1. US Government, Department of Energy (DOE). (2011). Cost Estimating Guide. Washington,D.C., Chapter 5, 19-21. Retrieved from : https://www.directives.doe.gov/directives/0413.3-EGuide-21/view
  2. Sullivan, W.G., Wicks, E. M., Koelling, C. P. (2014). Engineering Economy, Chapter 3, page 103 to 117. Pearson. Sixteenth Edition
  3. CEPCI Indexes. Retrieved from https://www.researchgate.net/post/Where_can_I_get_2016_chemical_engineering_plant_cost_index_CEPCI
  4. Cost Estimating and Assessment Guide: Best Practices for Developing and Managing Capital Program Cost, GAO-09-3SP. Washington, D.C.: March 2009, Chapter 11, 112-118. Retrieved from : http://www.gao.gov/new.items/d093sp.pdf
 

W5.2_MFO_ OmniClass and 3D WBS on Gas Metering System Installation

1.      Problem Recognition, Definition and Evaluation

A company will install Ultrasonic Gas Metering Station for our project. Is the use of OmniClass or 3D WBS can be applied to this project? Which one is better?

2.      Development of the Feasible Alternatives

There are three (2) WBS alternatives to compare to answer the question above:

  1. OmniClass is a means of organizing and retrieving information specifically designed for the construction industry. It consists of 15 hierarchical tables, each of which represents a different facet of construction information or entries on it can be combined with entries on other tables to classify more complex subjects.

OmniClass Table 31 Phases: Table 31 – Phases, is the only OmniClass table that explains the stages (higher level of categorization than phases) of the project activity from conception until project closure.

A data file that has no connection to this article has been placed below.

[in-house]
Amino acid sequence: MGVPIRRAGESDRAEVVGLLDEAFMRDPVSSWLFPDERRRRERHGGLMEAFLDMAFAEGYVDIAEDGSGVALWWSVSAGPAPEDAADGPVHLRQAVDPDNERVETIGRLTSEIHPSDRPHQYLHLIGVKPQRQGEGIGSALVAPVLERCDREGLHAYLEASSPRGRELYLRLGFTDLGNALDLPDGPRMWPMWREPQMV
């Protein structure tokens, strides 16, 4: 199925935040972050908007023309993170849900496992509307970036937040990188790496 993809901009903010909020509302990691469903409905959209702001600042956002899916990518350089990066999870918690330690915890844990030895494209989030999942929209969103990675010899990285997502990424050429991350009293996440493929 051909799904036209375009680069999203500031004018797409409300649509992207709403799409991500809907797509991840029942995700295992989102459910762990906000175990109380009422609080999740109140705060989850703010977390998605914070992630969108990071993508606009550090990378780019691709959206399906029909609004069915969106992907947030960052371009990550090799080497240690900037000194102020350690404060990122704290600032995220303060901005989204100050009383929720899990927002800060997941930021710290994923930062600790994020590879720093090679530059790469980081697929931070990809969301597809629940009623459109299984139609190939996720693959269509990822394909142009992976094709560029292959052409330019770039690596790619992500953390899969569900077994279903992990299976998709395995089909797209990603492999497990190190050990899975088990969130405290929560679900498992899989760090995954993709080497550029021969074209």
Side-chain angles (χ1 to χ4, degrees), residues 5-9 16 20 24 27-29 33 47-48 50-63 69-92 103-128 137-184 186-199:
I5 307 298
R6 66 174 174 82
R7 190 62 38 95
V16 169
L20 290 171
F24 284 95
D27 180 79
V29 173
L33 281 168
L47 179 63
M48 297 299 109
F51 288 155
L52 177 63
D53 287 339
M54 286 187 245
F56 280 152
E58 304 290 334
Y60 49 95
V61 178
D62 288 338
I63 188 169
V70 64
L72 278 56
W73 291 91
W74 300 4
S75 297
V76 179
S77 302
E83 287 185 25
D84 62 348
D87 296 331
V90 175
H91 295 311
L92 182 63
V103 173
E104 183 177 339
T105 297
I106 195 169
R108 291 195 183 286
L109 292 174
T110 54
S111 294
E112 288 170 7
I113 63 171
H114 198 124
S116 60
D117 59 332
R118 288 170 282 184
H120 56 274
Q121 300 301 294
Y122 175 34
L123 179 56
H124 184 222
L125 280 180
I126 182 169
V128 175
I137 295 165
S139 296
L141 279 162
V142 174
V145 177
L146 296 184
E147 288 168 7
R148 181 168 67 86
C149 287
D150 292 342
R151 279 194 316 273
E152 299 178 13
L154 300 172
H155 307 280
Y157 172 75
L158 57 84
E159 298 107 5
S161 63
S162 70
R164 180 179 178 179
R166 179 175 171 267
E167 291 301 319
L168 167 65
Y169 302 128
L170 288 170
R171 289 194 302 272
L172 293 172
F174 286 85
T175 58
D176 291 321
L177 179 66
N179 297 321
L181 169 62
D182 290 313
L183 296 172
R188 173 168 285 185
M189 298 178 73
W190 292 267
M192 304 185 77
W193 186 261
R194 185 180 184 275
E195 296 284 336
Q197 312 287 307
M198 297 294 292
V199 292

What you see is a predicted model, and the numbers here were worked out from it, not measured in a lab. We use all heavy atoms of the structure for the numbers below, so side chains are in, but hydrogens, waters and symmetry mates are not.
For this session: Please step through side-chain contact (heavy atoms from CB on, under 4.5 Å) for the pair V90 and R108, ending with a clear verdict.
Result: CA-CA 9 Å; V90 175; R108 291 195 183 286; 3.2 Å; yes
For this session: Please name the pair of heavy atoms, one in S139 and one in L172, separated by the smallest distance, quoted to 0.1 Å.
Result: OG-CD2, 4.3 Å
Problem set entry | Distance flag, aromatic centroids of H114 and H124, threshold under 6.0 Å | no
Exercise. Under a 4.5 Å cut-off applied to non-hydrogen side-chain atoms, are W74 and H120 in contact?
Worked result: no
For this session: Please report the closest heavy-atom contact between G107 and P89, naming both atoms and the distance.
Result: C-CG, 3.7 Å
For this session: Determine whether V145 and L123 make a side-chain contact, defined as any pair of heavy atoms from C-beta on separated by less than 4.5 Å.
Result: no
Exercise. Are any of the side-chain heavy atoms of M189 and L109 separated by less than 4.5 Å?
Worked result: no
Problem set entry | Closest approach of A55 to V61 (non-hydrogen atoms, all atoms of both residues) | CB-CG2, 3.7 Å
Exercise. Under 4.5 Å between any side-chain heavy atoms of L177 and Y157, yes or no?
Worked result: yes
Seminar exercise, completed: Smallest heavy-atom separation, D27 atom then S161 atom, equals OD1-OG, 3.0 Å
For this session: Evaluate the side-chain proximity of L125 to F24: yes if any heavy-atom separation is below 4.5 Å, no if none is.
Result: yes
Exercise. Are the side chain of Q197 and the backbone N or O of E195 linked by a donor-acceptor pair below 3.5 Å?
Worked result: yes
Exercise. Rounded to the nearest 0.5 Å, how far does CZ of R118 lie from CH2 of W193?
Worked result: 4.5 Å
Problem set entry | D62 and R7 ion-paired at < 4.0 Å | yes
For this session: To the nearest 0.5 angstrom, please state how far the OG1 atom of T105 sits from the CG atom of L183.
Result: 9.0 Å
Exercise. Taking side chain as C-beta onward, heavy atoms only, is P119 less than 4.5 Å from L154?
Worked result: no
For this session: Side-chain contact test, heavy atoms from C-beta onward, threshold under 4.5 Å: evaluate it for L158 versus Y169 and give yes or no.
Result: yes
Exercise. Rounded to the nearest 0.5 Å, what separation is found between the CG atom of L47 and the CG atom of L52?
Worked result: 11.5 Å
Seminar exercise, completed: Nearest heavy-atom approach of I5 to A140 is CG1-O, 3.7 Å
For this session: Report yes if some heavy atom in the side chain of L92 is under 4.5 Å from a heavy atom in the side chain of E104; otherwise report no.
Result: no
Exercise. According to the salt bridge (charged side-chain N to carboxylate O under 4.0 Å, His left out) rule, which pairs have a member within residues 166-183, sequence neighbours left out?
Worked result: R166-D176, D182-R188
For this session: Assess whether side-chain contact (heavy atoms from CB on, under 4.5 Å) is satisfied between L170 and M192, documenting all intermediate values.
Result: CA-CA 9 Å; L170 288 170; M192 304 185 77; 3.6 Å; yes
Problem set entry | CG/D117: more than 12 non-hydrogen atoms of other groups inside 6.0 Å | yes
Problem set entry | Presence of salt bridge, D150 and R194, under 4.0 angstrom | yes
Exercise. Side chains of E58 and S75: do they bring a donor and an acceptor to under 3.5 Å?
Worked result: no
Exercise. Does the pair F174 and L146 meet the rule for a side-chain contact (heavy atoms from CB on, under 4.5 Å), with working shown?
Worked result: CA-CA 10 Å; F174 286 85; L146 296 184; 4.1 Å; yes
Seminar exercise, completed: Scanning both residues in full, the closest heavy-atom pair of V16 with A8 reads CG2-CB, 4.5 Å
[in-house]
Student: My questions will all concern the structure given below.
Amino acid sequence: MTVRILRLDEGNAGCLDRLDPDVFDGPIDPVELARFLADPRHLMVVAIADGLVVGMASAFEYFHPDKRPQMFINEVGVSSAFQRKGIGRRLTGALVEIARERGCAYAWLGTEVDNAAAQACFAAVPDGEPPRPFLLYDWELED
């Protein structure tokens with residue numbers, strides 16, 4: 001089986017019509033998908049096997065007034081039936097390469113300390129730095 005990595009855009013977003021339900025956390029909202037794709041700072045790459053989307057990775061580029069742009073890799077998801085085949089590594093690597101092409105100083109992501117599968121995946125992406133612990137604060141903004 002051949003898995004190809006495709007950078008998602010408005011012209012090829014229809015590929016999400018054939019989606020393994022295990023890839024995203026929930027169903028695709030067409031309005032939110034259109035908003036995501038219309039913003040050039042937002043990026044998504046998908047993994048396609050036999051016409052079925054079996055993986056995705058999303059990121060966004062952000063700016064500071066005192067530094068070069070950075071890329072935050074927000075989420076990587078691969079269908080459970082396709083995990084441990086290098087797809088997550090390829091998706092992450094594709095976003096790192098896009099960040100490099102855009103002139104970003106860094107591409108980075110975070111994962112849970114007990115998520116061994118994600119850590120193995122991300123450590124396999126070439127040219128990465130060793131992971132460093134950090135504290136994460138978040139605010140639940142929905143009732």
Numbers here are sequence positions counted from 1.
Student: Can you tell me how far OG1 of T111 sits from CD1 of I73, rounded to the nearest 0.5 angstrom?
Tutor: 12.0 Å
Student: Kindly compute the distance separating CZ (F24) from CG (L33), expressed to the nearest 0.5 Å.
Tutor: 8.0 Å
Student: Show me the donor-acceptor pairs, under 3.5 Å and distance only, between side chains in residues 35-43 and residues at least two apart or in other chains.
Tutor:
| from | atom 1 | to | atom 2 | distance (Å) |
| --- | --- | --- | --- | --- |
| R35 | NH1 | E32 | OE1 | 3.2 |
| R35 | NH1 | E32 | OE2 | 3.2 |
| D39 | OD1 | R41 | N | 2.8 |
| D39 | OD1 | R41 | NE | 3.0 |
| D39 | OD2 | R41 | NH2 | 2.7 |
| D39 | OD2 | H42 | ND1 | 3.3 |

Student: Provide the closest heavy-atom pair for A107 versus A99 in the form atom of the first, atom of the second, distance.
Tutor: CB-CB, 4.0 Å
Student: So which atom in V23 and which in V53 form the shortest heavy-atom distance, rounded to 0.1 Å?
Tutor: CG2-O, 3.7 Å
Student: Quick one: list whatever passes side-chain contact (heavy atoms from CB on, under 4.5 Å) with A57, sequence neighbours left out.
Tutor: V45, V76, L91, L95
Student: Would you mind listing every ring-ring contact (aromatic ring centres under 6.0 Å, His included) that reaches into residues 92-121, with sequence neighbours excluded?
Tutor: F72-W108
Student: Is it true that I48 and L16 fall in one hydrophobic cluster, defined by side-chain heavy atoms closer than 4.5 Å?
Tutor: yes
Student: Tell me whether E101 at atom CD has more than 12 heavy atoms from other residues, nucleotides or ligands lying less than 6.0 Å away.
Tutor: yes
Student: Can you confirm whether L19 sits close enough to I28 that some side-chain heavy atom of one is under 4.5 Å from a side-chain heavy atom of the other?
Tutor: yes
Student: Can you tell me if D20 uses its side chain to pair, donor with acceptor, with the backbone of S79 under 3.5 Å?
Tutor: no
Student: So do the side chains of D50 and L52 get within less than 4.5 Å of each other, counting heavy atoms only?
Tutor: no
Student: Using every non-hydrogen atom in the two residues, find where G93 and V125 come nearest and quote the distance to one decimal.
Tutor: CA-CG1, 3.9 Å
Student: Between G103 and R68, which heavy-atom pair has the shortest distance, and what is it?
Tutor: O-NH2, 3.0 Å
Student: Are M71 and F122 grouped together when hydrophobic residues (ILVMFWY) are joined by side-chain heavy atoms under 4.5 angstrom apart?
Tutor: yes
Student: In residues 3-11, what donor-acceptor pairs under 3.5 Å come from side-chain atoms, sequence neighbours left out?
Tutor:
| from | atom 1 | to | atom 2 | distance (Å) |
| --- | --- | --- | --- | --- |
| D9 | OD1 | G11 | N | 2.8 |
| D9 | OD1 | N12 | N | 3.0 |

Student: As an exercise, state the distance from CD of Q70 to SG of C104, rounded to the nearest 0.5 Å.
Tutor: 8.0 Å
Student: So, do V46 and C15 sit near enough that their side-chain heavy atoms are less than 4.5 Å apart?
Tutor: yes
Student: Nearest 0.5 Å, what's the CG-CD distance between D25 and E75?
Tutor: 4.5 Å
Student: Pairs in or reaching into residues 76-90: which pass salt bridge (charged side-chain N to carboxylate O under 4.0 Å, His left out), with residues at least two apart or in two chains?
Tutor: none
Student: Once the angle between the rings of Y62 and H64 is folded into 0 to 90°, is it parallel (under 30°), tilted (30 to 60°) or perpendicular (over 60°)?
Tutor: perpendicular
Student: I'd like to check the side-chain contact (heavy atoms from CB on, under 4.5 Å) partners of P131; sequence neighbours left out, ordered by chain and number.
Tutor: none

1. 3D WBS is based on three main dimensions: Zones Breakdown Structure (ZBS), Products Breakdown Structure (PBS) and Activity Breakdown Structure (ABS).

Fig 1. 3D WBS

3.      Development of the Outcomes for Each Alternative

a. Omniclass table 31 phases

Fig 2 – OmniClass Table 31 – Phases – WBS

b. 3D WBS Model

Fig 3. 3D WBS Model

We will compare both alternatives using Lexicography, one of non-compensatory models for multi attributes decision making technique.

4.      Selection of a Criteria

There are four (4) criteria that have been selected as parameters to analyze and compare the above alternatives:

  1. WBS level of details, this will explain how detail each alternative structures their WBS for design process.
  2. Number of design activity phase, is the number of engineering phase from the project scope development to the final design.
  3. Work flow of activities, is how the activities work together from the project scope development to the final design.
  4. Complexity of the WBS

5.      Analysis and Comparison of the Alternatives

Summary information for each alternative :

Table 1 Data Comparison

All attributes in table 1, be ranked in order of importance by doing paired comparison between each possible attribute combination. Result as shown on table 2:

Table 2 – Ordinal Ranking of Attributes

Based on table 2, the ranking is found to be WBS Level of details > Number of design activity phase  > Work flow of activities  > Complexity.

6.      Selection of the Preferred Alternative

Considering the above ranking, the 3D model was found the optimum selection as to be adapted to standardize the WBS.

7.      Performance Monitoring and Post Evaluation of Results

Monitoring and supervision should be conducted strictly during project to keep the project inline with the WBS.

Reference:

  1. Humpreys, G. C. (2011). Project Management Using Earned Value (2nd ed.). Humpreys & Associates, Inc.
  2. W16_GW_OmniClass and 3D WBS on Pipeline Installation. (2014, June 15). Retrieved from Kristal AACE 2014 : https://kristalaace2014.wordpress.com/2014/06/15/w16_gw_omniclass-and-3d-wbs-on-pipeline-installation/
  3. OmniClass. (2017). Retrieved from OmniClass: http://www.omniclass.org/